DEAD GUY: Bill Butler

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June 14/2024:  I’m guessing not too many folks remember Bill Butler these days, but he had his 15 minutes of fame back in 1989, when he and his then-wife Simonne survived for 66 days drifting across the eastern Pacific Ocean in a liferaft. I met Bill a few years after that, in the summer of 1992, while crewing around on different boats in Jimmy Cornell’s America 500 rally. Bill was also sailing in the rally, with his son Joe, on a 40-foot boat called New Chance. I had a few brief conversations with Bill and never came to know him well. I became much closer to a fellow named Chuck Adams, who was sailing a boat named Freedom in the rally. It was Chuck, in turn, who did become close friends with Bill and later crewed for him a great deal, including in an abortive attempt to round Cape Horn and also on a transatlantic.

It was Chuck who recently tipped me off that Bill has sadly departed this life, just a couple of weeks ago, at age 95. That photo up top is of Bill (on the left) and Chuck at sea together many years ago.

Back when we rally-goers encountered Bill, he was quite well known. He had just published a book about his great survival adventure (originally titled Our Last Chance, later reissued as 66 Days Adrift) and was a bit notorious in the cruising community. His great adventure began in mid-June 1989, when he and Simonne, en route from Panama to Hawaii aboard a 38-foot cutter named Siboney, were attacked by an angry pod of pilot whales. The boat was holed and sunk, and Bill and Simonne took to a four-person coastal liferaft. This in the days when EPIRBs broadcast distress signals only on 121.5 MHz to passing aircraft. The couple christened their raft Last Chance and ultimately survived on a diet of raw fish that Bill caught. Fortunately, they had a manually-powered desalinator with them. I remember it was precisely because of Bill’s story that I got myself the same sort of desalinator when I was fitting out my boat Crazy Horse in 1995.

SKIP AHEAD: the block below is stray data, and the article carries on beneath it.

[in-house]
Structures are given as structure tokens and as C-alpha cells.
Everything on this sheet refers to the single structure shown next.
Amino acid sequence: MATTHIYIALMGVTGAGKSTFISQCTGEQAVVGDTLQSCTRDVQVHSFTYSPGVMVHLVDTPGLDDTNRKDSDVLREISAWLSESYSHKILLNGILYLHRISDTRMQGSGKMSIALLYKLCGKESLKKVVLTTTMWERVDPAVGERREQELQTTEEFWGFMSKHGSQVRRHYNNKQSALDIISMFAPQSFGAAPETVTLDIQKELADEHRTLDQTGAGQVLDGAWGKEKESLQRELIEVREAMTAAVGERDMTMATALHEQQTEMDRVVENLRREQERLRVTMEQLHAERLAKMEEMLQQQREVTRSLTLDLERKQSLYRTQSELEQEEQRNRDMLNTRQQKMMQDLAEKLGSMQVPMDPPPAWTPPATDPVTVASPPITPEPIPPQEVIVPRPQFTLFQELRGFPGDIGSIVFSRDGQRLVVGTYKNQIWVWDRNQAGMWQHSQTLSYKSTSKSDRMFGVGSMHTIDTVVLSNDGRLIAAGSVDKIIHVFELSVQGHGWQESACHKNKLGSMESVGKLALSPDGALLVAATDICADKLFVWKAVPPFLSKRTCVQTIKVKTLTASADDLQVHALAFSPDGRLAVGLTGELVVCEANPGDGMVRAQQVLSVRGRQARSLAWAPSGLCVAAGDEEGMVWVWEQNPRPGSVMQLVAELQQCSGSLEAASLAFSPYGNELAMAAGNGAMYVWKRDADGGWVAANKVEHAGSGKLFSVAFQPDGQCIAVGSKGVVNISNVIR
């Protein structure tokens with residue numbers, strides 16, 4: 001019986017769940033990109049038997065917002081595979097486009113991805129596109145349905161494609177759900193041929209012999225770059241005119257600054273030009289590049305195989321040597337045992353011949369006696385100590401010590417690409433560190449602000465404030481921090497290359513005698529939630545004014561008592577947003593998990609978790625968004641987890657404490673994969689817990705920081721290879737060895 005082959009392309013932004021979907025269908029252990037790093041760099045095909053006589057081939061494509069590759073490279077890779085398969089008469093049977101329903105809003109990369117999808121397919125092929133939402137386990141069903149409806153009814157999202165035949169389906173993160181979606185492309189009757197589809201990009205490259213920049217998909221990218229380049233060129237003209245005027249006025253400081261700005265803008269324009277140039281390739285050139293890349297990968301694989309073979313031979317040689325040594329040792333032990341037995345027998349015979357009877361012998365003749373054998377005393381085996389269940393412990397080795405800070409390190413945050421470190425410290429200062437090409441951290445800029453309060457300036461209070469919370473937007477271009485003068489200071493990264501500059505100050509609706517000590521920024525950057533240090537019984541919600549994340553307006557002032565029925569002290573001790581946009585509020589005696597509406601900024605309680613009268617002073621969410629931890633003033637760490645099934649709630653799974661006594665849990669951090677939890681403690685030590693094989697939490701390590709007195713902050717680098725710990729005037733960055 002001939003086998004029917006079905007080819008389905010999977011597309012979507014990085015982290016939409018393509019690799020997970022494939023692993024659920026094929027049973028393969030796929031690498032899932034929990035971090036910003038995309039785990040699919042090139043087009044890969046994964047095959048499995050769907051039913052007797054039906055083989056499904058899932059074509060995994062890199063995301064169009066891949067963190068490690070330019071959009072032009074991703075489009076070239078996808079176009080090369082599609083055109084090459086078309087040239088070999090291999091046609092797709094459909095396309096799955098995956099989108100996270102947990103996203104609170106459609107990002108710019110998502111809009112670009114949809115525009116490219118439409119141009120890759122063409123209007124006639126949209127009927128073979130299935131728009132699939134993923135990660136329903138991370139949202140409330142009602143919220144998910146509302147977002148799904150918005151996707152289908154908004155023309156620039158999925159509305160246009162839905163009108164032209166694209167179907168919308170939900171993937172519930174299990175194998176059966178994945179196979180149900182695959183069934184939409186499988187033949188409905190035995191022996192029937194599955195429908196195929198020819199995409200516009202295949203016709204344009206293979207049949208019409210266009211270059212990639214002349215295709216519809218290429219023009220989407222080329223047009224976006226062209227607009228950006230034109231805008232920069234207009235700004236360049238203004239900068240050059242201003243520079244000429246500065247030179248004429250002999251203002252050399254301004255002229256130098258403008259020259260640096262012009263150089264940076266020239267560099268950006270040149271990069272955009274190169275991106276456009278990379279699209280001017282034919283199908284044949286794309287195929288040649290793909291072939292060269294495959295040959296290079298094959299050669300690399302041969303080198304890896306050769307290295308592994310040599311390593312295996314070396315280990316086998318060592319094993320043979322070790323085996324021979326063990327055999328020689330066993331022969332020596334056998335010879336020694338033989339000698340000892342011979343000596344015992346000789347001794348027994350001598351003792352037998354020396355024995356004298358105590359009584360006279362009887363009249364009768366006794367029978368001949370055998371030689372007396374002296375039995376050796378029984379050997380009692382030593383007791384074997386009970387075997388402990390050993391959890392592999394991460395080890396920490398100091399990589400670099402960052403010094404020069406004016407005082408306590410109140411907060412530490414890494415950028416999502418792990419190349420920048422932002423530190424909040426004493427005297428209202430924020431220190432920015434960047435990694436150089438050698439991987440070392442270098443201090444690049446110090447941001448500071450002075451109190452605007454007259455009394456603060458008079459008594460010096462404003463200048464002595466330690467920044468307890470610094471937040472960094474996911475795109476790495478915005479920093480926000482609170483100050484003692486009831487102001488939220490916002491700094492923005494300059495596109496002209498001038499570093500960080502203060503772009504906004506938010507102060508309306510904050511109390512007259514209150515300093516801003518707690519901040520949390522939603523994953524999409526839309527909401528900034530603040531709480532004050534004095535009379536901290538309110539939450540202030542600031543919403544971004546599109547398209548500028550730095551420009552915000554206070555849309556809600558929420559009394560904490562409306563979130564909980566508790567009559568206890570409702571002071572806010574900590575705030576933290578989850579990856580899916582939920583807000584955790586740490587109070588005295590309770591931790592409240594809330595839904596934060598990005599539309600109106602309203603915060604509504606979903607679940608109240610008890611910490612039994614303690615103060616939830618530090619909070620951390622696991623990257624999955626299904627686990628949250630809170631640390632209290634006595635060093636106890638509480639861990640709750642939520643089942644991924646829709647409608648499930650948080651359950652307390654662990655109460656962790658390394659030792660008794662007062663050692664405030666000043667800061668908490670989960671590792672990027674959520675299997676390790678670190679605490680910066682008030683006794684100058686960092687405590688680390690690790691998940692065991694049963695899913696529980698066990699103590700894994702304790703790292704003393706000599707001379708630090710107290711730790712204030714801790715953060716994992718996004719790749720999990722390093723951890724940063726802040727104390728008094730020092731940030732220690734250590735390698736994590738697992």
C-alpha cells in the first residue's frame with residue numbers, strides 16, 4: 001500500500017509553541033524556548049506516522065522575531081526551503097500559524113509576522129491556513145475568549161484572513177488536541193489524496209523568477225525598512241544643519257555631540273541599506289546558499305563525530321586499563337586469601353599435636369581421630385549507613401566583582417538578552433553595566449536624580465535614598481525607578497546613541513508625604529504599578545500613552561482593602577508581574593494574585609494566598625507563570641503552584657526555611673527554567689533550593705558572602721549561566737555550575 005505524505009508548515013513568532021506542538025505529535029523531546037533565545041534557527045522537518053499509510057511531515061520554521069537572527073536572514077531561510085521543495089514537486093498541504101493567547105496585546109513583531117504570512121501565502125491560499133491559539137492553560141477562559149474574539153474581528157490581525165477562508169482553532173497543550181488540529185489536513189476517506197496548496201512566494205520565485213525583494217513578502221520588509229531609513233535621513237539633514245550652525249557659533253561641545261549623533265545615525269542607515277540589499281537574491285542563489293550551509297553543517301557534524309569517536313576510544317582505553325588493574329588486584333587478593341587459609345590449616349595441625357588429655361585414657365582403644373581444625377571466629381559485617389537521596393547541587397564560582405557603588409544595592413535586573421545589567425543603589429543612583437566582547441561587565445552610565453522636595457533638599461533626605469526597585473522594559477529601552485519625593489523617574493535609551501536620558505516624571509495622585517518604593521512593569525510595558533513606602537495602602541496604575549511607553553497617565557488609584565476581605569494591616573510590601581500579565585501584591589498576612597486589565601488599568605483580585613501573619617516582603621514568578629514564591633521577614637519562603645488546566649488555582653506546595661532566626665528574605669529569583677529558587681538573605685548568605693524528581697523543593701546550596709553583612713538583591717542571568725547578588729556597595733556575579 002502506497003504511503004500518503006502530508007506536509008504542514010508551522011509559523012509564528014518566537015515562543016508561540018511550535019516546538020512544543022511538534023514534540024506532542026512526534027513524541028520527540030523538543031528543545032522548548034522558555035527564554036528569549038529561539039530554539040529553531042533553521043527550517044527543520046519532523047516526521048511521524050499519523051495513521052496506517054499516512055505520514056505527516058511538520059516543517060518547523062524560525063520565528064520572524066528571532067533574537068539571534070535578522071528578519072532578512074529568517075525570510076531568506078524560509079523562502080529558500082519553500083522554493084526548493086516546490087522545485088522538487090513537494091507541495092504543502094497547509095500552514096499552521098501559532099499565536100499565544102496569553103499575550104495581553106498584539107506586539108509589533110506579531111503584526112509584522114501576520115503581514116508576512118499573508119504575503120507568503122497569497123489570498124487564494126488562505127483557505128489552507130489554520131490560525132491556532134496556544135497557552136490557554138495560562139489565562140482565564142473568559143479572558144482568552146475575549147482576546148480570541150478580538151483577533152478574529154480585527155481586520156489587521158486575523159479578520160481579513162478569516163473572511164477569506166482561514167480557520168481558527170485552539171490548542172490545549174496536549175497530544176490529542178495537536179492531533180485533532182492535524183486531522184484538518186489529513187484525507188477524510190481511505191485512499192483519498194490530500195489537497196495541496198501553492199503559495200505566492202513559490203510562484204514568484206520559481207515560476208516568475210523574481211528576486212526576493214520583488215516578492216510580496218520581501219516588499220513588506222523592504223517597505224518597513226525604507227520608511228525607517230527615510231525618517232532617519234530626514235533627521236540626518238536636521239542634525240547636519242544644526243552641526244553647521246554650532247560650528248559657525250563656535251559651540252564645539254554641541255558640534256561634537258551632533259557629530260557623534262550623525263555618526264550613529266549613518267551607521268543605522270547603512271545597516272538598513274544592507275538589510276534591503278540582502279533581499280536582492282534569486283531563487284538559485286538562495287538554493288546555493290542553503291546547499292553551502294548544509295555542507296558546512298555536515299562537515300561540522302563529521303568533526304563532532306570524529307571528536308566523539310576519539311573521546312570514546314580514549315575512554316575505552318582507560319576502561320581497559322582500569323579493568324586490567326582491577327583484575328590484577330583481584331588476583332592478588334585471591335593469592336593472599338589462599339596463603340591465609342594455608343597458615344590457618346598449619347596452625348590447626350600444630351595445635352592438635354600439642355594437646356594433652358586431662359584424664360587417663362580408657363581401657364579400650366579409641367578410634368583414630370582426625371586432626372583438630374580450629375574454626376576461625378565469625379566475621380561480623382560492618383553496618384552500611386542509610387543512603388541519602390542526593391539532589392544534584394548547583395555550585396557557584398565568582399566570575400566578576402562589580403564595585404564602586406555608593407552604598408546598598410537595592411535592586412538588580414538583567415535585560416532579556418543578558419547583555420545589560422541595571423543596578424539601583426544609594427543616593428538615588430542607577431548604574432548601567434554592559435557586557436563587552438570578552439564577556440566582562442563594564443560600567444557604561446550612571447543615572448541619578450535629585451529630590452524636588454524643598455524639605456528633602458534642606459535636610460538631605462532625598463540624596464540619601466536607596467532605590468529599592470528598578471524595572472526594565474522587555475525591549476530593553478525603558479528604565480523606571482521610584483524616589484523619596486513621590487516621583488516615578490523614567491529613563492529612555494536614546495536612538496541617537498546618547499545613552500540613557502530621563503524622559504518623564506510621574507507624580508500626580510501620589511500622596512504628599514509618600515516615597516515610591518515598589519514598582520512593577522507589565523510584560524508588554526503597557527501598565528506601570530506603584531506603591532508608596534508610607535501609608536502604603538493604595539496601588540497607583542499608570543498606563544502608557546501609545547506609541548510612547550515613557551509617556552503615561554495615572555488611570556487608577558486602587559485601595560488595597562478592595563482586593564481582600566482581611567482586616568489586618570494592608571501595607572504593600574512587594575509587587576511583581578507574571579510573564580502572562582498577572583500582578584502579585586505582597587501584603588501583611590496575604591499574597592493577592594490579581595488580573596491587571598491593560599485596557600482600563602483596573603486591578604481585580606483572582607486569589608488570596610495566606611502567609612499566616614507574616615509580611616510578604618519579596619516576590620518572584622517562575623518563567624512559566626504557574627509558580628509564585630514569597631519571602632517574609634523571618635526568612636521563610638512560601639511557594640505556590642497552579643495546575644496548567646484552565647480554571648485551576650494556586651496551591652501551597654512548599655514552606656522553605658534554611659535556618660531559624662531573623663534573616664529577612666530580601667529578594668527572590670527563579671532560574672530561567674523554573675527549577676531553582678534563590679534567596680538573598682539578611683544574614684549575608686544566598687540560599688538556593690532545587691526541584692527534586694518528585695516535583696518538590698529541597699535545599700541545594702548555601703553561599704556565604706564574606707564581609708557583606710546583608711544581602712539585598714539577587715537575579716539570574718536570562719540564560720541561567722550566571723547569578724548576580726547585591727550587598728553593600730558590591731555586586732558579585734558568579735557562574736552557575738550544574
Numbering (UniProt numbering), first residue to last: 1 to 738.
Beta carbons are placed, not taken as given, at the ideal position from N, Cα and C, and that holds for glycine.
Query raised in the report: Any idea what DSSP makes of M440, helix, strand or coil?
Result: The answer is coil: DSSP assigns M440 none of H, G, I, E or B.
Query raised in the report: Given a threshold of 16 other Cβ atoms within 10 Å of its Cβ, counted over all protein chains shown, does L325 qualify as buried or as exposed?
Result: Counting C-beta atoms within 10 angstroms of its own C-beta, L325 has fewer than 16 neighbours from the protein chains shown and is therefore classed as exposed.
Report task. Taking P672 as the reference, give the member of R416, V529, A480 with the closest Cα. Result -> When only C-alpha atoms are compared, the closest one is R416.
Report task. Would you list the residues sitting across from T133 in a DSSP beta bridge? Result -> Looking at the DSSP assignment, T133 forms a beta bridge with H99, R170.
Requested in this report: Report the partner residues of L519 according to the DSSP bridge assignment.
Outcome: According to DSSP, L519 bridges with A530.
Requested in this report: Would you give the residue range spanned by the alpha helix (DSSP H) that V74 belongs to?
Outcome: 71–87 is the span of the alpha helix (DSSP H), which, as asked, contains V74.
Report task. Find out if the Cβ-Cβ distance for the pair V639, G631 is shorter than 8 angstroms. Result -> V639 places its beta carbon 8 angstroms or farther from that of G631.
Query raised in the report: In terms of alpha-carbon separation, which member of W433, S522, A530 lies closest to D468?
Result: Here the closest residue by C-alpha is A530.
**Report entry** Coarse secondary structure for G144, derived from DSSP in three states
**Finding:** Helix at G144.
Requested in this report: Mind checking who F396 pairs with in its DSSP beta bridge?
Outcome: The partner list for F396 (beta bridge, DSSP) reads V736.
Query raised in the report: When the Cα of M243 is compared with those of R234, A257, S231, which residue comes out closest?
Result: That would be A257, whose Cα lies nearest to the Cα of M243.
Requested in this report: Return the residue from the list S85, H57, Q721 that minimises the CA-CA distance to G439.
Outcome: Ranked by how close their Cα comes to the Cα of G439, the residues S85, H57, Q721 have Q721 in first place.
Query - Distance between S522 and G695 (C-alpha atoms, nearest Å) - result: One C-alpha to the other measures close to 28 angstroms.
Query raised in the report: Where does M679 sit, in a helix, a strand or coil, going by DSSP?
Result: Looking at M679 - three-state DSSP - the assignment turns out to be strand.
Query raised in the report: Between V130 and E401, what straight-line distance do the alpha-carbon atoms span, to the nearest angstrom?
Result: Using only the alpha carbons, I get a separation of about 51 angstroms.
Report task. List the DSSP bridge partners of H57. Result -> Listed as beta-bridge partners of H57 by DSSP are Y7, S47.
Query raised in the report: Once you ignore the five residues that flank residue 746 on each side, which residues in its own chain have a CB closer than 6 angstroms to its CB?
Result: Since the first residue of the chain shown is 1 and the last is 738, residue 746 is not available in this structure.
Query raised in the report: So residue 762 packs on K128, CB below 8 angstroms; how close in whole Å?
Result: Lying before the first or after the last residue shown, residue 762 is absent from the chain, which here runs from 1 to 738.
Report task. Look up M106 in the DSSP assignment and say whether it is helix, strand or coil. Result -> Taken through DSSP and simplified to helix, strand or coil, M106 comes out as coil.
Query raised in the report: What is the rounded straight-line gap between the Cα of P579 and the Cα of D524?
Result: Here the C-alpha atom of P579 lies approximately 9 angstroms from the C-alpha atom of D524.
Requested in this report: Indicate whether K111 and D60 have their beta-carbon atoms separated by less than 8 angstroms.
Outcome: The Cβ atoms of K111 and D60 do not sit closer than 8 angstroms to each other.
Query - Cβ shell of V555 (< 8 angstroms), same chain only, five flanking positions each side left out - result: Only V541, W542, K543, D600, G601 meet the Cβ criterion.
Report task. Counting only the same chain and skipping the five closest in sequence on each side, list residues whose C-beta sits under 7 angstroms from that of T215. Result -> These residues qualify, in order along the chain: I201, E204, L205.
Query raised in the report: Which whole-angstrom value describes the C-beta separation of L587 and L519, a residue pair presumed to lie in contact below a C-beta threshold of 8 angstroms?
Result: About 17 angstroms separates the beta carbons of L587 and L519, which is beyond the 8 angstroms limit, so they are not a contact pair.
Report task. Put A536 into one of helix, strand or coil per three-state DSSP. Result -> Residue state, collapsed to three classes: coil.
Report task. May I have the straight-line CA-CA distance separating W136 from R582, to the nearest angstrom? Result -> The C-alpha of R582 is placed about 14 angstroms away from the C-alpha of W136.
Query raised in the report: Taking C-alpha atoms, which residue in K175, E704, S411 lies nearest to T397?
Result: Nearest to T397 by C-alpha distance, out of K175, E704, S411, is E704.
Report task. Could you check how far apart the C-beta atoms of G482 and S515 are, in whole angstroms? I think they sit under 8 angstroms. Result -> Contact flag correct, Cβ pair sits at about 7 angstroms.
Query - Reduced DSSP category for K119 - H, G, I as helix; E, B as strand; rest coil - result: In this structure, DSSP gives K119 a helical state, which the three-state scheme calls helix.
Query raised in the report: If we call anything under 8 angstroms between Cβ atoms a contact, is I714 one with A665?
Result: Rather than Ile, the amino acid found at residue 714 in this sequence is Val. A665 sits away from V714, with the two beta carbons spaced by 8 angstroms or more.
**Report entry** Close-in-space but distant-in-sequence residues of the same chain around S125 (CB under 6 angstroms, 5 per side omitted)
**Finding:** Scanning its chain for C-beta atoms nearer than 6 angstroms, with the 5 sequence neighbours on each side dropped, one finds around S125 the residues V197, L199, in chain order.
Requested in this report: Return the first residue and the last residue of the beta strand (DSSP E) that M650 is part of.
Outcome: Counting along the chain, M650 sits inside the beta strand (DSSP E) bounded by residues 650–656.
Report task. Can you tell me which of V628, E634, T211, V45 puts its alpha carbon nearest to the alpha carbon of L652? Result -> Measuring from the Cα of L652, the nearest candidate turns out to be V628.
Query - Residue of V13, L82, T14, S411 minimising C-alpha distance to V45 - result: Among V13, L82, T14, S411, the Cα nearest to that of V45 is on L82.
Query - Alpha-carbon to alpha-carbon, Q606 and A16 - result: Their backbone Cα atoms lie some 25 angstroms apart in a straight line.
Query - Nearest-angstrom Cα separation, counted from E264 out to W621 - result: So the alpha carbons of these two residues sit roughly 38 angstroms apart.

Bill and Simonne were finally rescued over two months later, when a Costa Rican coast guard vessel spotted their raft just 13 miles from the coast, almost 1,200 miles from where they’d lost Siboney.

I do remember Bill telling me he’d previously wrecked Siboney, intentionally during a typhoon in Manila Bay, in the Philippines, back in 1967. He seemed a bit proud of that actually. We had a bit more to talk about after the boat I was on was wrecked in the Rio Odiel in Spain, not far from where we first met.

Noodling around on Bill’s website, I see he also years later lost New Chance in Nova Scotia.

Siboney under sail

 

New Chance wrecked in Nova Scotia

 

I also found this little tidbit, a nice Patagonian adventure featuring my old pal Chuck.

Very cool!

Bill is survived by four of the five children he had with his first wife: Sue, Jim, Sally, and Joe. Plus nine grandchildren… and 15 great-grandchildren. (Way to procreate, Bill!) He was predeceased by one son, Bill Jr; Elsie, his first wife; and also Lirio, his third wife.

May God go with him. Condolences to all his family.

A funeral service will be held June 29 at 1:30pm at the St. Louis Catholic Church in Pinecrest, Florida. His ashes, most appropriately, will be committed to the deep.

RIP: William Abbott Butler, September 1929 – June 1, 2024

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